placebo
Other Treatments of ED
1.
2.
3.
4.
Vacuum device
Suppositories
Injections
Surgical options
What about testosterone therapy?
Testosterone therapy in the older male
•Testosterone levels naturally decline with age
•Unlikely to help unless...
•Testosterone therapy has various risks and
requires monitoring for adverse effects
My recs for prescribing testosterone to
an older male
1) Ask, Does he have clinical syndrome?
2) Target metabolic syndrome first.
3) Discuss uncertainty of benefits/risks with patient.
4) Have a lower target testosterone level such as 300.
5) Monitor for evidence of testosterone-dependent
disease.
6) Go ahead and screen for secondary osteoporosis.
Low desire in women (and men) is
multifactorial
--Review medication list
--May be due in part to prior sexual
experiences (discomfort during sex can lead to
conditioning)
--Consider mood disorder, stress,
hypothyroidism, cardiovascular disease,
diabetes, incontinence, body image
Low desire continued...
--Desire theories: "Use it or lose it" and "try it
and get it" (Basson’s circular sexual response
cycle)
--Exercise (moderate) may help
--Testosterone replacement?
--This is not always a problem--if it does not
cause the patient distress, don't make it a
health “concern”
Vaginal dryness can lead to
dyspareunia (pain with sex)
Moisturizers
Lubricants
Estrogen creams
Vitamin E gel caps
(can stain)
No to petroleum jelly
Lubricant or
moisturizer?
Lubricant or
Moisturizer?
Inability to orgasm
--Often multifactorial and complex
--Review medication list
--Treat vaginal dryness
--Sexual satisfaction can still occur
Part 3.
Intro to Specific Issues Related to Geriatric Patients and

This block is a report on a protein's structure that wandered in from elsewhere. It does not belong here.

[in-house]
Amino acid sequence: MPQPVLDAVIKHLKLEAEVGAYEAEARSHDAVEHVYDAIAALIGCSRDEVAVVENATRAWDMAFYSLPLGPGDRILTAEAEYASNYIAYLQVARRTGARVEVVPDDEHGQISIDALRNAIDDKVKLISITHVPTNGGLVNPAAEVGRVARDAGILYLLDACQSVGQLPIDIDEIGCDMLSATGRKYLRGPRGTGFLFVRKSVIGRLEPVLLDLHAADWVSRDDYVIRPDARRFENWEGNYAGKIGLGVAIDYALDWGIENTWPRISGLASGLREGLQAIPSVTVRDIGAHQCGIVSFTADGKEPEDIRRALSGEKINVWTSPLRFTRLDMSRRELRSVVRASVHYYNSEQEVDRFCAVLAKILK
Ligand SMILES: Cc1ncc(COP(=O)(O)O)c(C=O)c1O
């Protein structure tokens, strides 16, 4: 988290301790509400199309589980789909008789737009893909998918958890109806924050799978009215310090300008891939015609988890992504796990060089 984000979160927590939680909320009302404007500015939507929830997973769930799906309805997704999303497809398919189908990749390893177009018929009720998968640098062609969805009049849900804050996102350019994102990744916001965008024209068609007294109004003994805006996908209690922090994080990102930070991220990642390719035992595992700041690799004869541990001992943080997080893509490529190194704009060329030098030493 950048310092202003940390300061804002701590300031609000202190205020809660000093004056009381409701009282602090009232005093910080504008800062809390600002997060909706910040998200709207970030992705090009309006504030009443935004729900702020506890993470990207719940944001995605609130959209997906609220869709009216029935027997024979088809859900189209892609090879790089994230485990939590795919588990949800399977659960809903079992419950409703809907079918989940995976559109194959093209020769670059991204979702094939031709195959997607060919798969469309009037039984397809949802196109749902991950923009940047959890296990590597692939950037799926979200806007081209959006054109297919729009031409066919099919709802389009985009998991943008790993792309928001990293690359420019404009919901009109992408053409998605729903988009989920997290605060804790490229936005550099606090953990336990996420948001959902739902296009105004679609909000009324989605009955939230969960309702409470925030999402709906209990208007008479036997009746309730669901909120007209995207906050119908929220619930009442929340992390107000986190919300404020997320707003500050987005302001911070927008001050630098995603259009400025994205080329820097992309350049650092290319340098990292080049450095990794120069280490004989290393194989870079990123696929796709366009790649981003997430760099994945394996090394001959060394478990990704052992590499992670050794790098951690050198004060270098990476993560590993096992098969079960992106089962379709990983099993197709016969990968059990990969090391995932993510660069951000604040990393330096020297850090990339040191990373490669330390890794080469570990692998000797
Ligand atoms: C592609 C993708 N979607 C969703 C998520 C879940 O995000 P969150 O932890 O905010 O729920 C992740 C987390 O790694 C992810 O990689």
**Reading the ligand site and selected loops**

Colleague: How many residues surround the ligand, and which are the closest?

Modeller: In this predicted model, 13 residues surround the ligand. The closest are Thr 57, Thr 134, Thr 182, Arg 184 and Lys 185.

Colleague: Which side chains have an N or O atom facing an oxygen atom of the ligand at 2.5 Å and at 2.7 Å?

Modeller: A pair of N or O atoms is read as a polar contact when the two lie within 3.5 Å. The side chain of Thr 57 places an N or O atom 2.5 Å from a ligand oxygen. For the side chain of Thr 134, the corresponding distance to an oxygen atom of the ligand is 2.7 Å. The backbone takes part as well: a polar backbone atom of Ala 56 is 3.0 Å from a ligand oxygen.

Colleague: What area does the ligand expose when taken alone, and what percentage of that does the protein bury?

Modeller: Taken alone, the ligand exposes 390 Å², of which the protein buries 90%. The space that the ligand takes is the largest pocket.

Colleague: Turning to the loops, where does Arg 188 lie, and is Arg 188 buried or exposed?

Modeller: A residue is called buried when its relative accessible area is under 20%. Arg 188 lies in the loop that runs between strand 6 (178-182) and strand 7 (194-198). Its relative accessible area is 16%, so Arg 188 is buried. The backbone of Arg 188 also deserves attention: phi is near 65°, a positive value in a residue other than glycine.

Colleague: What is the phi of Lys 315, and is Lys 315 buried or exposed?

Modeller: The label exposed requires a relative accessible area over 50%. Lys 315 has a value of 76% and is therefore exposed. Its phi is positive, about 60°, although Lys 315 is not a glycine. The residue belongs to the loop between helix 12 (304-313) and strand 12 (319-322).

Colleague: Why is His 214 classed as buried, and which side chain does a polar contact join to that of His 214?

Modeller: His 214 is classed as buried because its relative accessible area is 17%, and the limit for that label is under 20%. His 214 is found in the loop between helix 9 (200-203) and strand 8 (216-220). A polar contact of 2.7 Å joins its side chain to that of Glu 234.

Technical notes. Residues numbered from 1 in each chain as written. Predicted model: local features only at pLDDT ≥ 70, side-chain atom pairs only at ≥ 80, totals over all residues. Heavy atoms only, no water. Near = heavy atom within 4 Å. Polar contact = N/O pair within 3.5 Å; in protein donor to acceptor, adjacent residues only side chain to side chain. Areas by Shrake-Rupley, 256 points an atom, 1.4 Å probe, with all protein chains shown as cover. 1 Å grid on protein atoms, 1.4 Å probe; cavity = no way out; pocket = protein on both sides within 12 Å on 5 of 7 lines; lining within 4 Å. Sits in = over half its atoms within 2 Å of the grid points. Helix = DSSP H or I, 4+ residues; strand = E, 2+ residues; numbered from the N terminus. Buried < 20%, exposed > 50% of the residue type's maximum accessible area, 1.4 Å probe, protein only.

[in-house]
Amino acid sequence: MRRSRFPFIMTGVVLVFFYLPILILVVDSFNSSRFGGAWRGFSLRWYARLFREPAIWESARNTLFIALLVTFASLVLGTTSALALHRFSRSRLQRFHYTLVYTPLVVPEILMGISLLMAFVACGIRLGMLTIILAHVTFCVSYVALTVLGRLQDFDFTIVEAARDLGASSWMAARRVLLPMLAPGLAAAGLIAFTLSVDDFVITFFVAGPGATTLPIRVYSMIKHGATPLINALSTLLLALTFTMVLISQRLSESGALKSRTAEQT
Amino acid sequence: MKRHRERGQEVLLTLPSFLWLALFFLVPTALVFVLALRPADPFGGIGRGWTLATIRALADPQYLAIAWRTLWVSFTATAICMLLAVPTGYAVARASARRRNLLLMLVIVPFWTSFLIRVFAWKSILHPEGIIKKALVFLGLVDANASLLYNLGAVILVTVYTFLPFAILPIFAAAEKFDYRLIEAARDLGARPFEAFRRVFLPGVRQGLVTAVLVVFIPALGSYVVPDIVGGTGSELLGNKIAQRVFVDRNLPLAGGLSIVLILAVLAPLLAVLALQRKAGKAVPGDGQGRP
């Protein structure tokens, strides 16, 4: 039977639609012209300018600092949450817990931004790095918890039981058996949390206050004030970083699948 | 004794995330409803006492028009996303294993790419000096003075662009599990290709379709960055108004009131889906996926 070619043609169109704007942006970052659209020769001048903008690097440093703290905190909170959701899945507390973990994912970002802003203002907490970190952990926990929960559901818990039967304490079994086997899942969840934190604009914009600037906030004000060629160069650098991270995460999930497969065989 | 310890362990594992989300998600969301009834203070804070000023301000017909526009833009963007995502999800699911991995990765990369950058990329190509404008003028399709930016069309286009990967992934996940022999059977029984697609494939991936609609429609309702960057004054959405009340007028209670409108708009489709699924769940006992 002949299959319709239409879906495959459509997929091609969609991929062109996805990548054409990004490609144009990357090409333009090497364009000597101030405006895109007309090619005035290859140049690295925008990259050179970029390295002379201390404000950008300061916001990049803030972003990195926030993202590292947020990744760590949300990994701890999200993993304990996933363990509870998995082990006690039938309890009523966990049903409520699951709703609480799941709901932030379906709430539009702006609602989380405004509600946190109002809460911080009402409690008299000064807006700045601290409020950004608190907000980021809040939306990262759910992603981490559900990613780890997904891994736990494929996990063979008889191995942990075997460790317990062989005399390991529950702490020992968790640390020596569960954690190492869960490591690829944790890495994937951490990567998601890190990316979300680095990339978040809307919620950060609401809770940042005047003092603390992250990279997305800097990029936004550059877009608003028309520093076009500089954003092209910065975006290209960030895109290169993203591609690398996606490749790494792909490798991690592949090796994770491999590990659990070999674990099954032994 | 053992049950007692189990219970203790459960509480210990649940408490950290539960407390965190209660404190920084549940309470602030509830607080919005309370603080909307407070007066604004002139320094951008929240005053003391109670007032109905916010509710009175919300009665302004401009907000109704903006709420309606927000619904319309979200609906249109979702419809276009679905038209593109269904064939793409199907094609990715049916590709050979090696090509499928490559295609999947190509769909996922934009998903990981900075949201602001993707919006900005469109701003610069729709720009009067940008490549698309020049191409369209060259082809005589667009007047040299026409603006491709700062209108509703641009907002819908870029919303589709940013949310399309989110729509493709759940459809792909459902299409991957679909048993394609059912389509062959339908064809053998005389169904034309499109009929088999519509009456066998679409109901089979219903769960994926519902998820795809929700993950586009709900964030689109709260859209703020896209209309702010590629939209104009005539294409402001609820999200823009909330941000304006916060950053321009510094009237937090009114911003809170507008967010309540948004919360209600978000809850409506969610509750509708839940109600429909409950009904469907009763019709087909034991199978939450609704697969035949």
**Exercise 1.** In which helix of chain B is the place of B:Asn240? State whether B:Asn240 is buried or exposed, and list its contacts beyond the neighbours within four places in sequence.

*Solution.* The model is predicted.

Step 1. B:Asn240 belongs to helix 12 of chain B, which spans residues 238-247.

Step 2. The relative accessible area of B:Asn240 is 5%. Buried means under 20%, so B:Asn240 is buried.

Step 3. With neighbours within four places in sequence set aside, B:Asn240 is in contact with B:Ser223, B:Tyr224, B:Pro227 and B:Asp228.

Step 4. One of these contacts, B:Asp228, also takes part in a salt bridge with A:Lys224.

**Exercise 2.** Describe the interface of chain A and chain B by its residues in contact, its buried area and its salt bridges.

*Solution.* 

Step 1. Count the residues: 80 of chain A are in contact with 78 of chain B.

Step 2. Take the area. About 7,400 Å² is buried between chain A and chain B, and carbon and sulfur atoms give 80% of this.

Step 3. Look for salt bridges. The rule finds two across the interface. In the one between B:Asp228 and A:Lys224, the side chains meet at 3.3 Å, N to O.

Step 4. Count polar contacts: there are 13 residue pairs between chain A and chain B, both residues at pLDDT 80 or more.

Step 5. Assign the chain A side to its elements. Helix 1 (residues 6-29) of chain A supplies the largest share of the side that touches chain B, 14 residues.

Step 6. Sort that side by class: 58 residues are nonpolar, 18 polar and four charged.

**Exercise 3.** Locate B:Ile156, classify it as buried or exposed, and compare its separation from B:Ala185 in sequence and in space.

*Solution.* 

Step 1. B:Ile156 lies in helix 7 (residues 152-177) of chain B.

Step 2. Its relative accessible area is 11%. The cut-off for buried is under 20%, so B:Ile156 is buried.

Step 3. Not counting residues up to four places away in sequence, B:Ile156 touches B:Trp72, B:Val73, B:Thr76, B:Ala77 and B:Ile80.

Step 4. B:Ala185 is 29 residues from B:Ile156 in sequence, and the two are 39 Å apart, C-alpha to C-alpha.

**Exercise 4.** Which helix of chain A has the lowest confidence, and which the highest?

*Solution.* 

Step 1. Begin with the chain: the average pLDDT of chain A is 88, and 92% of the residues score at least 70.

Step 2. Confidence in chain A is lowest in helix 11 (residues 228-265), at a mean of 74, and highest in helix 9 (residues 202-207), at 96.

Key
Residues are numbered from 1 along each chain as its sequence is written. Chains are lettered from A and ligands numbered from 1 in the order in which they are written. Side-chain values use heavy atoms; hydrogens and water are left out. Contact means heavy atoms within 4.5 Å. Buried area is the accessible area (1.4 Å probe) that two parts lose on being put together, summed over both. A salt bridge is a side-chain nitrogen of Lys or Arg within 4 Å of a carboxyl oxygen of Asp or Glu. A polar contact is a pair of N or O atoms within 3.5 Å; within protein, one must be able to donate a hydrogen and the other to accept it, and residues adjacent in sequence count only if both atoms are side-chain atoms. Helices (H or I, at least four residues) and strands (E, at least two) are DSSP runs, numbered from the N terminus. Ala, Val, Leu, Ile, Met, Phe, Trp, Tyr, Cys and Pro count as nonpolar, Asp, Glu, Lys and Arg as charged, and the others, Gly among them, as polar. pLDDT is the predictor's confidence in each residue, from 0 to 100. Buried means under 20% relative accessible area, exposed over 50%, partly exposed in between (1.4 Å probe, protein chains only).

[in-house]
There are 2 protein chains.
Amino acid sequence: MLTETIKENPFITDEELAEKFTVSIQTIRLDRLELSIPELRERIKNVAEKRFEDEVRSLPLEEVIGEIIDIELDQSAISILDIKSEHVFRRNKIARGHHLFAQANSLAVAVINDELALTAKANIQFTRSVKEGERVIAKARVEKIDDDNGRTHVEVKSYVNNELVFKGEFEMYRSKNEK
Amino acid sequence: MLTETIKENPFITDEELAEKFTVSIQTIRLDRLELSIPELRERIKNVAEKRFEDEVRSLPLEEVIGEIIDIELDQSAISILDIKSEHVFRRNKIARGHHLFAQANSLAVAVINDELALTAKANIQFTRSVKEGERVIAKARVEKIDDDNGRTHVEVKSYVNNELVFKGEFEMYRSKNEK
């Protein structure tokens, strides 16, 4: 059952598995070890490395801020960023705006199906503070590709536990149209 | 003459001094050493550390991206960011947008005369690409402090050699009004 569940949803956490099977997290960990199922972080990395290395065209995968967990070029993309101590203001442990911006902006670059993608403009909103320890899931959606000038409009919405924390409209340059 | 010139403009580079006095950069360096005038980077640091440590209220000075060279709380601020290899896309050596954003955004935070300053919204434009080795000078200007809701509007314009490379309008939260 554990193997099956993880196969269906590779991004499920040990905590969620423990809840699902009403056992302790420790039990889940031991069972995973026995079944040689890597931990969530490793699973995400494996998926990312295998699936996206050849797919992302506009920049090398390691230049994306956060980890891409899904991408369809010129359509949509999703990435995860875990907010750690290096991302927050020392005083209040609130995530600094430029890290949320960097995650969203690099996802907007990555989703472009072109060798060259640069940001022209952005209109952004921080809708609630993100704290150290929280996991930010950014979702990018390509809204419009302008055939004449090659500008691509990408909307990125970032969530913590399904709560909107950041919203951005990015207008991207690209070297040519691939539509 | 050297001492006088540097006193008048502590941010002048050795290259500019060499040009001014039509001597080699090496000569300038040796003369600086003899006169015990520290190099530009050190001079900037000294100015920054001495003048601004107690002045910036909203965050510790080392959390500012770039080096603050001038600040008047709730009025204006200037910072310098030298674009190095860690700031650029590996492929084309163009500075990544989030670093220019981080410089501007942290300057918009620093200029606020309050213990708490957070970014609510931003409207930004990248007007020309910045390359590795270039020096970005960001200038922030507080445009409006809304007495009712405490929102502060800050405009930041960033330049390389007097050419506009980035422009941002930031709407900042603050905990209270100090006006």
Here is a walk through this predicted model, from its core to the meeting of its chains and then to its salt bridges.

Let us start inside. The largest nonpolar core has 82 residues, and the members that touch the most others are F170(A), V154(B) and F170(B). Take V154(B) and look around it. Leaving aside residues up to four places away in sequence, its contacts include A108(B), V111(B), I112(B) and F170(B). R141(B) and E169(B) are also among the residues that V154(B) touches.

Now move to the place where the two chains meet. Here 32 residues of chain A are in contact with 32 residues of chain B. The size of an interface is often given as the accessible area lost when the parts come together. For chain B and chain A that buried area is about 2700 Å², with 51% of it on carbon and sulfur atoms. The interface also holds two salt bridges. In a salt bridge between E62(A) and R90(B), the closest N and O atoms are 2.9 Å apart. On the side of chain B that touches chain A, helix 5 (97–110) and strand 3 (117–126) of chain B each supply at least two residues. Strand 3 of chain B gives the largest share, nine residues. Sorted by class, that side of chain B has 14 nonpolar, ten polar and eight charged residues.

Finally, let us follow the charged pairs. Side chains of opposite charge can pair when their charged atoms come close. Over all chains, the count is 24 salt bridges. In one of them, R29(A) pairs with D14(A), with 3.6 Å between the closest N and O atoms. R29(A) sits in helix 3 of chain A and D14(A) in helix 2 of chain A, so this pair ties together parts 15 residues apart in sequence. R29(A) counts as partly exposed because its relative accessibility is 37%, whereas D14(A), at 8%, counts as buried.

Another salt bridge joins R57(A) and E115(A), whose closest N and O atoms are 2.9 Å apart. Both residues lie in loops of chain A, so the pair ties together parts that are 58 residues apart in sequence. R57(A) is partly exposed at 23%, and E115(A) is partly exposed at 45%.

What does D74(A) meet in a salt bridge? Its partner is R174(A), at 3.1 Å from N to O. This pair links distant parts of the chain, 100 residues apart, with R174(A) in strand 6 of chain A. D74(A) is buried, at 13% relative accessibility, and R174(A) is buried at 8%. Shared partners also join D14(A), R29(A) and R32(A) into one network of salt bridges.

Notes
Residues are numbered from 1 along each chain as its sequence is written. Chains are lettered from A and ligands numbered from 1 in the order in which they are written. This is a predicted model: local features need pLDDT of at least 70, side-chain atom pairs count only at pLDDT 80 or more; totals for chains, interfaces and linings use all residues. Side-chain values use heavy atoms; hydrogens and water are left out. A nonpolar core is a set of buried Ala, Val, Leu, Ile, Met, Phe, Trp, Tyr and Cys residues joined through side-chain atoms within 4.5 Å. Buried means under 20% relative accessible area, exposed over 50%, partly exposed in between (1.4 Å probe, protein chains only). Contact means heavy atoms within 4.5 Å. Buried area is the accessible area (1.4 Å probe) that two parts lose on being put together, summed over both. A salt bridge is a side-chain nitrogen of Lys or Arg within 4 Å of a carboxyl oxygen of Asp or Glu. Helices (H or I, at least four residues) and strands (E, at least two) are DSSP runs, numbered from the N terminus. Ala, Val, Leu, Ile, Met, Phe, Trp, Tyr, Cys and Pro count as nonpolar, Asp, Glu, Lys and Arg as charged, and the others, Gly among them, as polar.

Sexual Health--Many Deserve an Entire Lecture
Brief intro into some specific issues....
Fitness for sexual intercourse
Exertion is dependent on position, partner, situation (low risk in
a monogamous relationship, familiar setting, no excess ETOH)
Approximated at 4-5 mets (like going up a flight of stairs)
Princeton Guidelines (based on expert opinion, not RCTs): If
unstable heart disease, no sexual activity. If 3 or more risk
factors, consider more evaluation.
Kostis JB, Am J Cardiol 2005; 96: 313-321.
Sexuality and Dementia
*May see increased or decreased interest in sex
*If increased interest reaches concerning levels, can try
SSRI (off-label use, decreases libido)
*Usually there are changes in levels of inhibition
*Sometimes what seems sexual, may not be--is there a
urinary, GI symptom that is provoking the behavior
*Alzheimer's Society "Sex and Dementia" website is a
great resource.
*Pregnancy and sex were often a very memorable time.
Sexually-transmitted infections
Older patients may be less likely to use
condoms
Older patients are less likely to be screened for
HIV and receive early intervention
Counsel on safe sex practices as you would
with younger patients
Additional resource: UNC site Elder HIV
Residential Homes
Respect privacy
Keep an open-mind while promoting health and safety
LGBT patients
*This deserve an entire lecture to itself--there is a great module
on line--google lgbt health education module 6 Caring for Older
LGBT Adults from the Fenway Institute 2009
*Historic discrimination affects the health care of older LGBT
*Be open and aware, support and advocate for your patient
*LGBT adults (as should all adults!) should be encouraged to
draft advance directives.
Makadon, Harvey. The Fenway guide to lesbian, gay, bisexual, and transgender
Sexual Abuse
--The least reported of all victimization of the elderly--only
30% of those who are victimized report the assault
--Often is someone who knows the older adult (Caregiver,
fellow facility residents, spouses,
--Risk factors: Impairments, Dependency, Frailty
--Signs: Agitation, bruising patterns, unexplained STIs,